Homeless Living on Veteran's Row in Brentwood Moving to Transitional Housing

According to deputies from the Los Angeles County Sheriff's Department, the cleanup operation began two months ago.

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Dozens of homeless individuals living in the Veteran's Row homeless encampment in Brentwood are packing their bags and moving to transitional housing on Monday.

According to deputies from the Los Angeles County Sheriff's Department, the cleanup operation began two months ago, when up to 50 homeless veterans were staying in tents along San Vicente Boulevard.

Many of those veterans are already in transitional housing.

"It was an easy transition," said Douglas Steven Bue, a veteran of the U.S. Army. "I had help bringing my property over. The tents are clean, organized."

Bue says he made the move over the fence and onto Veteran's Affairs property earlier this week.

His move is part of LA County's goal to house homeless veterans and clean up tents from the sidewalk.

"The main reason I decided to go, and I talked with all law enforcement, is because it’s too damn dangerous out on the street," Bue said.

This year alone, the encampment has been linked to two homicides and one deadly crash.

Bue opted into tent camp accommodations for safety. Others were given the option to stay in dorms on the Westwood VA Campus and in rooms with Project Homekey.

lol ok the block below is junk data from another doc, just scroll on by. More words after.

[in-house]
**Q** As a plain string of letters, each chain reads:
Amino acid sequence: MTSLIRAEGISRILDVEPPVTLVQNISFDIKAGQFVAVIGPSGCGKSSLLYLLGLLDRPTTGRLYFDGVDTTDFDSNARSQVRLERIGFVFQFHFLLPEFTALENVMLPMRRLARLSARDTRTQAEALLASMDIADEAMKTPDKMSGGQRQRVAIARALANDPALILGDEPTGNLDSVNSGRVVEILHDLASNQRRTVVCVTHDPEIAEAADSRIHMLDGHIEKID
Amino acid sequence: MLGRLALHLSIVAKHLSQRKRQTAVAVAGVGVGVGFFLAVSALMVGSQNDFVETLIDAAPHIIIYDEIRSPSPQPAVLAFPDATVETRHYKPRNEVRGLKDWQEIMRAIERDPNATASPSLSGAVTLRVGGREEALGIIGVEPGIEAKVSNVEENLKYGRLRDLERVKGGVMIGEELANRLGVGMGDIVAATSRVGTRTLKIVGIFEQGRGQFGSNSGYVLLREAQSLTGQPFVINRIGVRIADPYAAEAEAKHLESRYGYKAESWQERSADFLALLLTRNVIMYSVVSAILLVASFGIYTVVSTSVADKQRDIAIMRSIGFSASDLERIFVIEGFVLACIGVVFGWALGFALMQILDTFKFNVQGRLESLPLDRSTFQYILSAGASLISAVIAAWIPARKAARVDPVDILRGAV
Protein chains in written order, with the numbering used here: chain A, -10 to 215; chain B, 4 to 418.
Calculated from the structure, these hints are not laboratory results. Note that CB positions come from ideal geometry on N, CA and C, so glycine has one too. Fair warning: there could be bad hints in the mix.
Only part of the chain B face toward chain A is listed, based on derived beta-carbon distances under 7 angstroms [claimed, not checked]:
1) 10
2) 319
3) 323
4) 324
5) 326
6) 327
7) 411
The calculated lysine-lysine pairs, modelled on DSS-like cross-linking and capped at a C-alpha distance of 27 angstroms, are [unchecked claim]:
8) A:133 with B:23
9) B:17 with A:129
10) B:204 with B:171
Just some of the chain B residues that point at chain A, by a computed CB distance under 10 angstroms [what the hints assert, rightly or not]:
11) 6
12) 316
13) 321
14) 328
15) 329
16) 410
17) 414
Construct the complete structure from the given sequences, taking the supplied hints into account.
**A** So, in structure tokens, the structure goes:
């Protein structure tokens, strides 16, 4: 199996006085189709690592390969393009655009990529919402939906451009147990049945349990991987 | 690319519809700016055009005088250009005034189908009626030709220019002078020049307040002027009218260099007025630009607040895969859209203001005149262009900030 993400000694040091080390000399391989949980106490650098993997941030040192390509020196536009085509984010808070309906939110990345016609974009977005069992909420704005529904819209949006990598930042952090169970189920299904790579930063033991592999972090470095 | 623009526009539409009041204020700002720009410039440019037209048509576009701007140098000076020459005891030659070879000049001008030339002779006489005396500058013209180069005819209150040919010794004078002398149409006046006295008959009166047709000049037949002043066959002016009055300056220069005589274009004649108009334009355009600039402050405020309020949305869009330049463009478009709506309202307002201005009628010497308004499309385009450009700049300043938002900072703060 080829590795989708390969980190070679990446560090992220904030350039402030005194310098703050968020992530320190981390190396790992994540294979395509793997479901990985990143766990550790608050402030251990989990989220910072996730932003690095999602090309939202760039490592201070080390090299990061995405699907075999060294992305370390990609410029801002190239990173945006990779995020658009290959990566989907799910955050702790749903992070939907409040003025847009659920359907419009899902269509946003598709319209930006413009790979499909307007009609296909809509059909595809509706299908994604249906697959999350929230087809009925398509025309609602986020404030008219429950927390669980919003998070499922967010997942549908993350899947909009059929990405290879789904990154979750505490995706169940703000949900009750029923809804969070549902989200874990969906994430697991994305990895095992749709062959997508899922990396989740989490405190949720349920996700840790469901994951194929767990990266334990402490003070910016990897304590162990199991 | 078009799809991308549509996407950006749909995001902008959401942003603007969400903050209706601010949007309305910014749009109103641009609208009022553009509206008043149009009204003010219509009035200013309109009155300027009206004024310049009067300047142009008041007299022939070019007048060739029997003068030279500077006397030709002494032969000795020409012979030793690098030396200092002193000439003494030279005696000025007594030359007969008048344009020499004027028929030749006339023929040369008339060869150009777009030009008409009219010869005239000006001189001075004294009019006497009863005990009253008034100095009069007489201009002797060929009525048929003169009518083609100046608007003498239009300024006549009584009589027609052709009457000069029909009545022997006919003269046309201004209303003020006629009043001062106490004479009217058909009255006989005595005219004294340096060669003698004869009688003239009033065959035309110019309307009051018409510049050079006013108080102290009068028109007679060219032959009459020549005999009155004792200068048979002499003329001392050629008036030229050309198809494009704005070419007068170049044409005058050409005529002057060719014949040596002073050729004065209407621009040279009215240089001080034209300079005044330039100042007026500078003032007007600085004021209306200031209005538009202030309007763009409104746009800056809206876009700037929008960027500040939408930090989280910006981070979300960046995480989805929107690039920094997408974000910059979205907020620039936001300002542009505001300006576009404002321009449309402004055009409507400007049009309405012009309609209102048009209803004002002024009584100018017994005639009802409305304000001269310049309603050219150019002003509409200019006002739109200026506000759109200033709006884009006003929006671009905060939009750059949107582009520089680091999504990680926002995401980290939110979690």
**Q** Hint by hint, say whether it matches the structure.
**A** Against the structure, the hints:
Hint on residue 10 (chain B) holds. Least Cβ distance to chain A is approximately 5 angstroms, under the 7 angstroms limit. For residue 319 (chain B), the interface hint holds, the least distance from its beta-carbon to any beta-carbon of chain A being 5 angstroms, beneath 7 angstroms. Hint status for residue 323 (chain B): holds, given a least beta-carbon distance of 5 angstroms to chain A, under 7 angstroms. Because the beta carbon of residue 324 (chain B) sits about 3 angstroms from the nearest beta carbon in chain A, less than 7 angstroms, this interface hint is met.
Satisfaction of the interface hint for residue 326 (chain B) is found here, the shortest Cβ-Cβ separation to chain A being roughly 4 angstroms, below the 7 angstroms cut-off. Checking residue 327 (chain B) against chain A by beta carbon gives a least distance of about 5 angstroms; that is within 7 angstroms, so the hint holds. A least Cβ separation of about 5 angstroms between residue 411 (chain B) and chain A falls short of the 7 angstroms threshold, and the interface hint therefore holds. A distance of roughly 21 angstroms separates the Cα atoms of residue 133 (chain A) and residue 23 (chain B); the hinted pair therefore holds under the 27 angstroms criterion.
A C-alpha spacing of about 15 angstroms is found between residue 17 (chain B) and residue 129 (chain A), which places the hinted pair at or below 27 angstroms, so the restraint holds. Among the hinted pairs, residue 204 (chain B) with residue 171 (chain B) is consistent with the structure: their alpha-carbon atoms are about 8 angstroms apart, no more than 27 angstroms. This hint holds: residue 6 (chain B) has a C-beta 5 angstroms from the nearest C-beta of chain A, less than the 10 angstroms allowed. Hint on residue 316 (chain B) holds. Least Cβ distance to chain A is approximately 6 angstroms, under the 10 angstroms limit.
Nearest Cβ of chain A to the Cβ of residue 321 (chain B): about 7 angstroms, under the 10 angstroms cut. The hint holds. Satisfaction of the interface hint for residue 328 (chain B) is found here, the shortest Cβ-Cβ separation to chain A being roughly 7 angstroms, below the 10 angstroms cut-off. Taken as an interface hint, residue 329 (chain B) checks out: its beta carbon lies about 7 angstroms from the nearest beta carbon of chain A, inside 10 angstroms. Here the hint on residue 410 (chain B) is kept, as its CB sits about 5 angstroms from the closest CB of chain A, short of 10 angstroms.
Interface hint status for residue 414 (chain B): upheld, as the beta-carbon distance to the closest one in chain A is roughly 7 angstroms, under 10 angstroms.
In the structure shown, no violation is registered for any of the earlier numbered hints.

Parts of San Vicente Boulevard remained closed Monday morning as cleanup efforts continued.

"Gembob" Brookhyser was one of the last to go on Monday.

He was loading what he valued into an outreach group's van, which will then transport it to his new home. A skip loader scooped up what he didn't need into a giant pile and dropped it into a trash bin. The whole thing took about two minutes.

"If you look over that way, that's where we're gonna be," said the former U.S. Army medic, referring to the other side of the fence, on VA property, where many will re-locate. "Like I said, it's a win."

Like many who ended up on "veterans' row," he came initially for VA medical care or treatment.

But he couldn't afford housing during the wait, so he ended up on the sidewalk, where he says skin infections on his legs grew worse because of a lack of hygiene.

"I mean, how am I gonna get a shower? Where's the shower?"

The group effort was coordinated in collaboration with the LA County Public Works Department, various homeless outreach groups and the Sheriff's Department.

Lt. William Kitchin, of the Sheriff's Department Homeless Outreach Services Team, is helping lead the operation.

"I've asked all my veterans on my team to be here," Kitchin said. "We also have our mental evaluation team, so we’re trying to throw everything at the issue to try and get people off the streets."

Critics argue it's a band-aid solution, hoping the work to house homeless veterans doesn't stop here. Bue is also hoping this is a first step toward permanent housing.

Gordon Tokumatsu contributed to this report.

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